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Child health and mortality in resource-poor settings: a life-course and systemic approach

Muhumuza, Kananura Rornald (2021) Child health and mortality in resource-poor settings: a life-course and systemic approach. PhD thesis, London School of Economics and Political Science.

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Identification Number: 10.21953/lse.00004389


While there has been a staggering decline in global child mortality, sub-Saharan Africa (SSA) has consistently contributed the largest share. The 2020 global estimates on child mortality indicate SSA contributing 42%, 53% and 61% of neonatal, under-five, and 5-9 deaths, respectively. Moreover, the 1990-2020 child mortality data indicate an upward trend in SSA’s contribution in all age groups. The persistent high child mortality within the region could be attributed, amongst others, to inequities in health services’ access within countries. Additionally, there have been limited interventions that target children aged 5 years and beyond due to the limited research and data systems. As the focus of this paper-based thesis, Uganda as the study area shows the same issues within the SSA context. Therefore, it presents a novel opportunity to understand child health and mortality mechanisms among children aged 0-9 years. Guided by the concepts of interdependence, social interactions and health service delivery systems’ drawn from social and health systems and life-course perspectives, the thesis’ specific objectives are to: 1) determine the under-10 mortality age-specific estimates; 2) assess the epidemiological shift in the under-10 mortality risk factors and causes of death; 3) assess the role of Low Birth Weight (LBW) in mediating the new-born mortality risk factors and the role of institutional delivery in new-born mortality; 4) identify key community and household predictors of suspected pneumonia and diarrhoea, and 5) examine how multiple factors concurrently affect access to appropriate health care services. Using a decade (2005-2015) of event history data collected by Iganga-Mayuge Health and Demographic Surveillance Site (HDSS) in Eastern Uganda in Chapter 31, I found that the under-10 and 5-9 years of age mortality probabilities were 99 per 1000 live births and 11 per 1000 children aged 5-9 years, respectively. The new-born mortality and perinatal mortality were estimated at 22 and 31 per 1000 live births, respectively, with death within the first day of life (0-1 day) contributing the largest share (62%). I found that the magnitude of the association of the risk factors with under-10 mortality varied by age, with a stronger association observed among infants. The order of the top causes of mortality altered with age, with gastrointestinal infections and injuries emerging among 5-9 years old, but malaria and malnutrition remaining among the leading four mortality causes. Using Iganga-Mayuge HDSS data in Chapter 42, I found that institutional delivery had an insignificant inverse effect on new-born mortality. The LBW mediated multiple factors, including adolescence age, rural residence, multiple births and unmarried marital status. The novel machine learning technique applied on 2006-2016 Uganda DHS data in Chapter 53 helps us identify rural-urban differentials in the deterministic pattern of a child’s diarrhoea and acute respiratory infection (ARI). The study findings confirm the notion that ARI and diarrhoea risk factors overlap. These factors relate to the household’s structure and composition, which is characterised by poor hygiene and sanitation and poor household environments that make children more suspectable of developing these diseases; maternal socio-economic factors such as education, occupation, and fertility (birth order); individual risk factors such as child age, birth weight and nutritional status; and protective interventions (immunisation). Furthermore, the qualitative data analysis collected in Chapter 64 revealed how multiple factors concurrently affect access to obstetric and child health care services. Chapter 6 findings were used to develop a multisectoral and multidimensional implementation framework for obstetric and child health care services in resource-poor settings. Overall, the application of life course and systemic approach in the analysis and interpretation of the results provides an insight into the need for holistic interventions (social, structural, and health systems) throughout the stages of child development. Each paper brings new insights into the mechanisms and determinants of under-10 mortality in resource-poor settings. Together, the papers help us build a stronger life-course and health systems framework for child health and survival, contributing to the recent call for redesigning child health programs.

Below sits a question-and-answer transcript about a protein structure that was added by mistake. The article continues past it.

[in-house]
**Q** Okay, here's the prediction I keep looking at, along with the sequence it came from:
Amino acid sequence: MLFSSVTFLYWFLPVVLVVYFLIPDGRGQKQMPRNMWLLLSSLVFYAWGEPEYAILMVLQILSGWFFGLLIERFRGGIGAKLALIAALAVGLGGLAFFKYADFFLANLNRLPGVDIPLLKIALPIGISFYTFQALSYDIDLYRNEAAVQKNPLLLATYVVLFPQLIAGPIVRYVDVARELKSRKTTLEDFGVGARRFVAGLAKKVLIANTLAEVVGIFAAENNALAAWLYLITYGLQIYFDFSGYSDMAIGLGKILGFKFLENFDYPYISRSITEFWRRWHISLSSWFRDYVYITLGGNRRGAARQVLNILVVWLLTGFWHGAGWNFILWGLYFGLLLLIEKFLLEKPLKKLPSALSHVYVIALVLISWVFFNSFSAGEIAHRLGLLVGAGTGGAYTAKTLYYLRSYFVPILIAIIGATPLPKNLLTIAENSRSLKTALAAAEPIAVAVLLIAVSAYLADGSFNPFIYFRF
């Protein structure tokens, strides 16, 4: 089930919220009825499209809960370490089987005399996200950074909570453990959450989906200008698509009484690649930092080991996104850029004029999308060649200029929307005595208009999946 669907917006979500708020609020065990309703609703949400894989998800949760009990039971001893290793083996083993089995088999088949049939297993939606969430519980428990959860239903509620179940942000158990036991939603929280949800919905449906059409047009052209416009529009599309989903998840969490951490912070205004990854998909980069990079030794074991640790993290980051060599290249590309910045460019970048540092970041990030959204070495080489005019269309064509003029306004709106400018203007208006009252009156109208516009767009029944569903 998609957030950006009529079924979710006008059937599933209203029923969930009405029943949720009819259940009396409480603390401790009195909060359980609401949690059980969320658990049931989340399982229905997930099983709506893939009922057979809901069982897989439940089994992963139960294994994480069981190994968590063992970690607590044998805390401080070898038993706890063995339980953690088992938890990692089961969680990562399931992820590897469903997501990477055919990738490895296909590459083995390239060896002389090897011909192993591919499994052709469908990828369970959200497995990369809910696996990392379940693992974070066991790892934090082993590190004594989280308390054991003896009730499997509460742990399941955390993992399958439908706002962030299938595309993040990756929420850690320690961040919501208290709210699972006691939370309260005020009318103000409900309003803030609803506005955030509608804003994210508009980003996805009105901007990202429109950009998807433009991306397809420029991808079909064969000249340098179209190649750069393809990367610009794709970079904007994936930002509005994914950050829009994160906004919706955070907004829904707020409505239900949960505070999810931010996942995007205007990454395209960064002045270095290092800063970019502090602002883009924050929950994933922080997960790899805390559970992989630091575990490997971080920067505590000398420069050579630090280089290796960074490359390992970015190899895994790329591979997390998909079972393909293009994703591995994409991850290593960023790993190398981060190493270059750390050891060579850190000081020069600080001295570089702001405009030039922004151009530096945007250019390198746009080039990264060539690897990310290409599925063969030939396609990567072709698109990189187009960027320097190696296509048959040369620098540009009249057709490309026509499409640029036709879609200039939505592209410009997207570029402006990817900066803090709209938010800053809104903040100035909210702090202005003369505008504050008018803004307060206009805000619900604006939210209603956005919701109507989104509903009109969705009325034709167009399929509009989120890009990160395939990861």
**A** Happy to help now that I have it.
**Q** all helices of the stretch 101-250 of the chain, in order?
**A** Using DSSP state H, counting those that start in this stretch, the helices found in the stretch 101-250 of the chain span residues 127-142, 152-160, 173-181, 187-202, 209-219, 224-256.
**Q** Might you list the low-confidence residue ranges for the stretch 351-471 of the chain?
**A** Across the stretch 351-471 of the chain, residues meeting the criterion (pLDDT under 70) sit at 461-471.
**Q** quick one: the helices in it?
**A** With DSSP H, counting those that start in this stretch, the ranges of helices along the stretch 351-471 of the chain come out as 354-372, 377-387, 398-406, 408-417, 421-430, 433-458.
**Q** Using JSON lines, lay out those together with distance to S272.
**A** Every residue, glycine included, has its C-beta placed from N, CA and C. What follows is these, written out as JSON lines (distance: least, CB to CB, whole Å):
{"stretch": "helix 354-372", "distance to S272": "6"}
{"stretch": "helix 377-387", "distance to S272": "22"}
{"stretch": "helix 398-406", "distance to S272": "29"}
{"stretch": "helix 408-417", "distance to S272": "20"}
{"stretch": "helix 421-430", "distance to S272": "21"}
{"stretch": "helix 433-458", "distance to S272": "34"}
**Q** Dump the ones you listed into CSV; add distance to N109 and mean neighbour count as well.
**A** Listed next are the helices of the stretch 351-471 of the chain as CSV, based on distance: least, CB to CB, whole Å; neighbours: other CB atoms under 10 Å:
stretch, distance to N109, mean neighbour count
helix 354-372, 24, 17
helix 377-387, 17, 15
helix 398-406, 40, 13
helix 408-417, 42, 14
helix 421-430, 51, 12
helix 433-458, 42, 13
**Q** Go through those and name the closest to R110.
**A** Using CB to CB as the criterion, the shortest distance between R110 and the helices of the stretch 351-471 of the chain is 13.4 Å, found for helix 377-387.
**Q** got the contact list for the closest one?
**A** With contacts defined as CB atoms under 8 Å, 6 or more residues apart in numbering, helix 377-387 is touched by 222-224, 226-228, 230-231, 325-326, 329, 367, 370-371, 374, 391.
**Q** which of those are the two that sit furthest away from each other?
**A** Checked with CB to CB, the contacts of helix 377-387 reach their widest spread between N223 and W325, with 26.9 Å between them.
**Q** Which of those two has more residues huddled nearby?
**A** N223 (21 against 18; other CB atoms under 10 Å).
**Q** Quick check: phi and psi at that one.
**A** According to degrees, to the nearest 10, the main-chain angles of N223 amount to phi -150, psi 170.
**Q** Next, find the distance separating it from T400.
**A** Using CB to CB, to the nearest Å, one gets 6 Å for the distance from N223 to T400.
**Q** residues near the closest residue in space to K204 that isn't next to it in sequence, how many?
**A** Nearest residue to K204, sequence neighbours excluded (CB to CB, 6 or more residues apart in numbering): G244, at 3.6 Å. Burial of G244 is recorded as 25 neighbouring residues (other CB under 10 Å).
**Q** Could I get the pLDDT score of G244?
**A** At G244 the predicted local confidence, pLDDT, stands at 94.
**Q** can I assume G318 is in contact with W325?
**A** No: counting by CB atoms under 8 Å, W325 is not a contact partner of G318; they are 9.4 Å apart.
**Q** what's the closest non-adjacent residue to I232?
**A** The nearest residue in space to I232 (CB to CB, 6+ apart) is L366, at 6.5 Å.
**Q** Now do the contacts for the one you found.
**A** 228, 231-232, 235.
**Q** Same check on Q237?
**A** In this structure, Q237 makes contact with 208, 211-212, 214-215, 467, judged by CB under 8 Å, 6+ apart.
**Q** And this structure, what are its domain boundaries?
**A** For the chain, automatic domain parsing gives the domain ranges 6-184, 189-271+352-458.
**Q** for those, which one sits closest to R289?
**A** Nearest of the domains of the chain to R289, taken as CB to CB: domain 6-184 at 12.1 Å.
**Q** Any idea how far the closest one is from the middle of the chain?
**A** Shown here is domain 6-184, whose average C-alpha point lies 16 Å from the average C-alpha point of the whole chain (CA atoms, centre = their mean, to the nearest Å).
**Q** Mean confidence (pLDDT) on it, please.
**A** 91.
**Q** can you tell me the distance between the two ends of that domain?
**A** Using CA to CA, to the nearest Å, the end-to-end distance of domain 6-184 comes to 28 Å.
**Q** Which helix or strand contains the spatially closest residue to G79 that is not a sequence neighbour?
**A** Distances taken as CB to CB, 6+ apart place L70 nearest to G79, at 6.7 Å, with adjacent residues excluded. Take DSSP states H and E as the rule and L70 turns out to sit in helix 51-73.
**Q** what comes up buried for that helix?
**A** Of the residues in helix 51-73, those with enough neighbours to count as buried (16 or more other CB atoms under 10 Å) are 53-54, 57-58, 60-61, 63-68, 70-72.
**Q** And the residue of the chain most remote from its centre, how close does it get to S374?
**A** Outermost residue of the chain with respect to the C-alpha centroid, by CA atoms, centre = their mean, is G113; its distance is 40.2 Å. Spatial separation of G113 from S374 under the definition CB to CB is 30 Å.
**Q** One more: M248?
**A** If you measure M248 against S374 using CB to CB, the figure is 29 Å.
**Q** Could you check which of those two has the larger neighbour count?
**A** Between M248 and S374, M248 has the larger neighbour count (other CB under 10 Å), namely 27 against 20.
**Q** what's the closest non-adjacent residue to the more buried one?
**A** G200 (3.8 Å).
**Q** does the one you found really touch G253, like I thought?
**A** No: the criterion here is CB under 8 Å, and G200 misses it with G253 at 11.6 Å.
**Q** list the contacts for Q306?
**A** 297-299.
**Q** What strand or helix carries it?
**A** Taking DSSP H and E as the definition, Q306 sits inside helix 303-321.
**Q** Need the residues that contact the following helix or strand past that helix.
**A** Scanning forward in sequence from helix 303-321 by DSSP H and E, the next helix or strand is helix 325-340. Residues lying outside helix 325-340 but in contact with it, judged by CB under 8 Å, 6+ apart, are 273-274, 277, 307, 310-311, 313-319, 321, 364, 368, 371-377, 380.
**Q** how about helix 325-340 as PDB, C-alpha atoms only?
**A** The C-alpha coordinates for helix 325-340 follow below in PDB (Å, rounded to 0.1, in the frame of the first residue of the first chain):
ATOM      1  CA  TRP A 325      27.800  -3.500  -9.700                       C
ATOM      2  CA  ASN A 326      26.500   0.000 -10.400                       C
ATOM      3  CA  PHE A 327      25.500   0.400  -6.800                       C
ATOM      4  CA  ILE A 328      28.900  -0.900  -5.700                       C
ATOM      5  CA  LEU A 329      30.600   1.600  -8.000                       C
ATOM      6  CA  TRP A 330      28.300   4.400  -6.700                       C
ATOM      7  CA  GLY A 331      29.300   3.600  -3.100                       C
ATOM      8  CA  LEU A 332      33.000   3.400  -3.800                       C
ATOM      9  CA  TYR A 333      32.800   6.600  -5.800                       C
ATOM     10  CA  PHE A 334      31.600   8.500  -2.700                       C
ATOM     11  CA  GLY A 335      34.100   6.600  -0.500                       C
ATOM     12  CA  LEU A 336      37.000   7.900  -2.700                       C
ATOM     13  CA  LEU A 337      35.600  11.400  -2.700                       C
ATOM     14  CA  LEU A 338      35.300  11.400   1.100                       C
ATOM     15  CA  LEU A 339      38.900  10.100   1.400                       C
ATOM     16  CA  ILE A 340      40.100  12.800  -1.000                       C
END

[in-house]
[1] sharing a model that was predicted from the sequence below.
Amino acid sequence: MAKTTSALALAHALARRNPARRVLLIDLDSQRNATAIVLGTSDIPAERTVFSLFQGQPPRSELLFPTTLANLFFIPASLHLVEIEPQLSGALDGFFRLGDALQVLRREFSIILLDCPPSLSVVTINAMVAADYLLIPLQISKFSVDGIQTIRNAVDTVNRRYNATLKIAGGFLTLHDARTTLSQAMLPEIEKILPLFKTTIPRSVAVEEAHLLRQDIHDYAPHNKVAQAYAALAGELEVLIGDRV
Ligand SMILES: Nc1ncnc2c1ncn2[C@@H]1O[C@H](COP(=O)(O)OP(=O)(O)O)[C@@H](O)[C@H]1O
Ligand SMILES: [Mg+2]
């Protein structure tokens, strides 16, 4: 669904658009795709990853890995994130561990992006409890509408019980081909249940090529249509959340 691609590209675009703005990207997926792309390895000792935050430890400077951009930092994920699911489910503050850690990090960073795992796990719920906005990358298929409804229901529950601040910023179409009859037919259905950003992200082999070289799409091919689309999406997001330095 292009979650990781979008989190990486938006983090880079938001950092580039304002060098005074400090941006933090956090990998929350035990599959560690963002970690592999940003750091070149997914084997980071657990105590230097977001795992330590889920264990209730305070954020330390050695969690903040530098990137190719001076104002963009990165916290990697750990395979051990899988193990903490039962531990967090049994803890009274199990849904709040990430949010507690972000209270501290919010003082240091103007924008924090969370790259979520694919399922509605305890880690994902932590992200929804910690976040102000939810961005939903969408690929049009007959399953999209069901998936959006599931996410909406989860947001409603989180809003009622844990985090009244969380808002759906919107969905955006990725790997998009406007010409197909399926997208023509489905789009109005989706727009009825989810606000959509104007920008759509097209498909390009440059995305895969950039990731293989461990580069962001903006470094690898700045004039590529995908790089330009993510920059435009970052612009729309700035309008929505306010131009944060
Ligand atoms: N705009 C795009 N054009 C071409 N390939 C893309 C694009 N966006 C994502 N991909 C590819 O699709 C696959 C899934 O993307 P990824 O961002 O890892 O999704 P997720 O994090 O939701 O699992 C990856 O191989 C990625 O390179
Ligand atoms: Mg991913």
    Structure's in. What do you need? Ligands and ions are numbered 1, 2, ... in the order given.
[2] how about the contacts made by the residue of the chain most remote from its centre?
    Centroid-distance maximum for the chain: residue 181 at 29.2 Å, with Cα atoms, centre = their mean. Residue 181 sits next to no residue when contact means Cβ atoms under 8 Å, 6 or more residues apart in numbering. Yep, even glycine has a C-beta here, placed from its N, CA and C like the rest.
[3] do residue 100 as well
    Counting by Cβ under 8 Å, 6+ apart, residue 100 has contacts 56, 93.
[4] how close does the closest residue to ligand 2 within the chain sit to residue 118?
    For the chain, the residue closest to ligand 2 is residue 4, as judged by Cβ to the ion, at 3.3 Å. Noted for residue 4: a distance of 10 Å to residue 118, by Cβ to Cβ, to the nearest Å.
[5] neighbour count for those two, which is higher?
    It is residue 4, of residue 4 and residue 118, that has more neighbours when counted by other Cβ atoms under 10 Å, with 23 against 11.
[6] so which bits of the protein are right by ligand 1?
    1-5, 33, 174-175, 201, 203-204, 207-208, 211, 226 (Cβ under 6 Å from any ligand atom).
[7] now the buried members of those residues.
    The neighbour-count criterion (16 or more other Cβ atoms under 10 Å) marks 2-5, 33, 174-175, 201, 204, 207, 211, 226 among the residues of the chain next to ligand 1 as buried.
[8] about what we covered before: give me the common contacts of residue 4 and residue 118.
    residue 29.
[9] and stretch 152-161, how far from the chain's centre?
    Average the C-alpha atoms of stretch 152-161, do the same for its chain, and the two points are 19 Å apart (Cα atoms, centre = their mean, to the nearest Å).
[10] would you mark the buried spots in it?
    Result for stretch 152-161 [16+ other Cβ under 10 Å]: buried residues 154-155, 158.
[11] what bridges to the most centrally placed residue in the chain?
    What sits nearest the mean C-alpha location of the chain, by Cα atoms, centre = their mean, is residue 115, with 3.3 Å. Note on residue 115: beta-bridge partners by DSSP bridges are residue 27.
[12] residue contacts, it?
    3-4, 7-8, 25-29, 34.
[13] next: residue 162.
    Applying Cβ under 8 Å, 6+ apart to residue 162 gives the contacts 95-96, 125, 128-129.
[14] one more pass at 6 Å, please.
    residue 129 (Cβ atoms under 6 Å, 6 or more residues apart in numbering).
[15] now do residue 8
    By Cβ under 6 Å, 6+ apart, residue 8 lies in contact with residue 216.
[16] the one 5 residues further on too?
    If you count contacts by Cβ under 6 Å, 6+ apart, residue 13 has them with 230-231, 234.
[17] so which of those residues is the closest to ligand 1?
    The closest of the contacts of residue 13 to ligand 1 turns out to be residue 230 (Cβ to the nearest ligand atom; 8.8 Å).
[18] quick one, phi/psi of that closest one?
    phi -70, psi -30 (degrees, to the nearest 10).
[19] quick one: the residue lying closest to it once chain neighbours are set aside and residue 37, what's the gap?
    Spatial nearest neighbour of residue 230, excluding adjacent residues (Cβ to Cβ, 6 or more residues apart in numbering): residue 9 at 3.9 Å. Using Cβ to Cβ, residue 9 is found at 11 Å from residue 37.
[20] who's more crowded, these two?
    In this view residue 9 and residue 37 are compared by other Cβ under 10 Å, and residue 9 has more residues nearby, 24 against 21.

Item Type: Thesis (PhD)
Additional Information: © 2021 Kananura Rornald Muhumuza
Library of Congress subject classification: H Social Sciences > HN Social history and conditions. Social problems. Social reform
R Medicine > RA Public aspects of medicine > RA0421 Public health. Hygiene. Preventive Medicine
R Medicine > RJ Pediatrics > RJ101 Child Health. Child health services
Sets: Departments > International Development
Supervisor: Leone, Tiziana and Gjonca, Arjan

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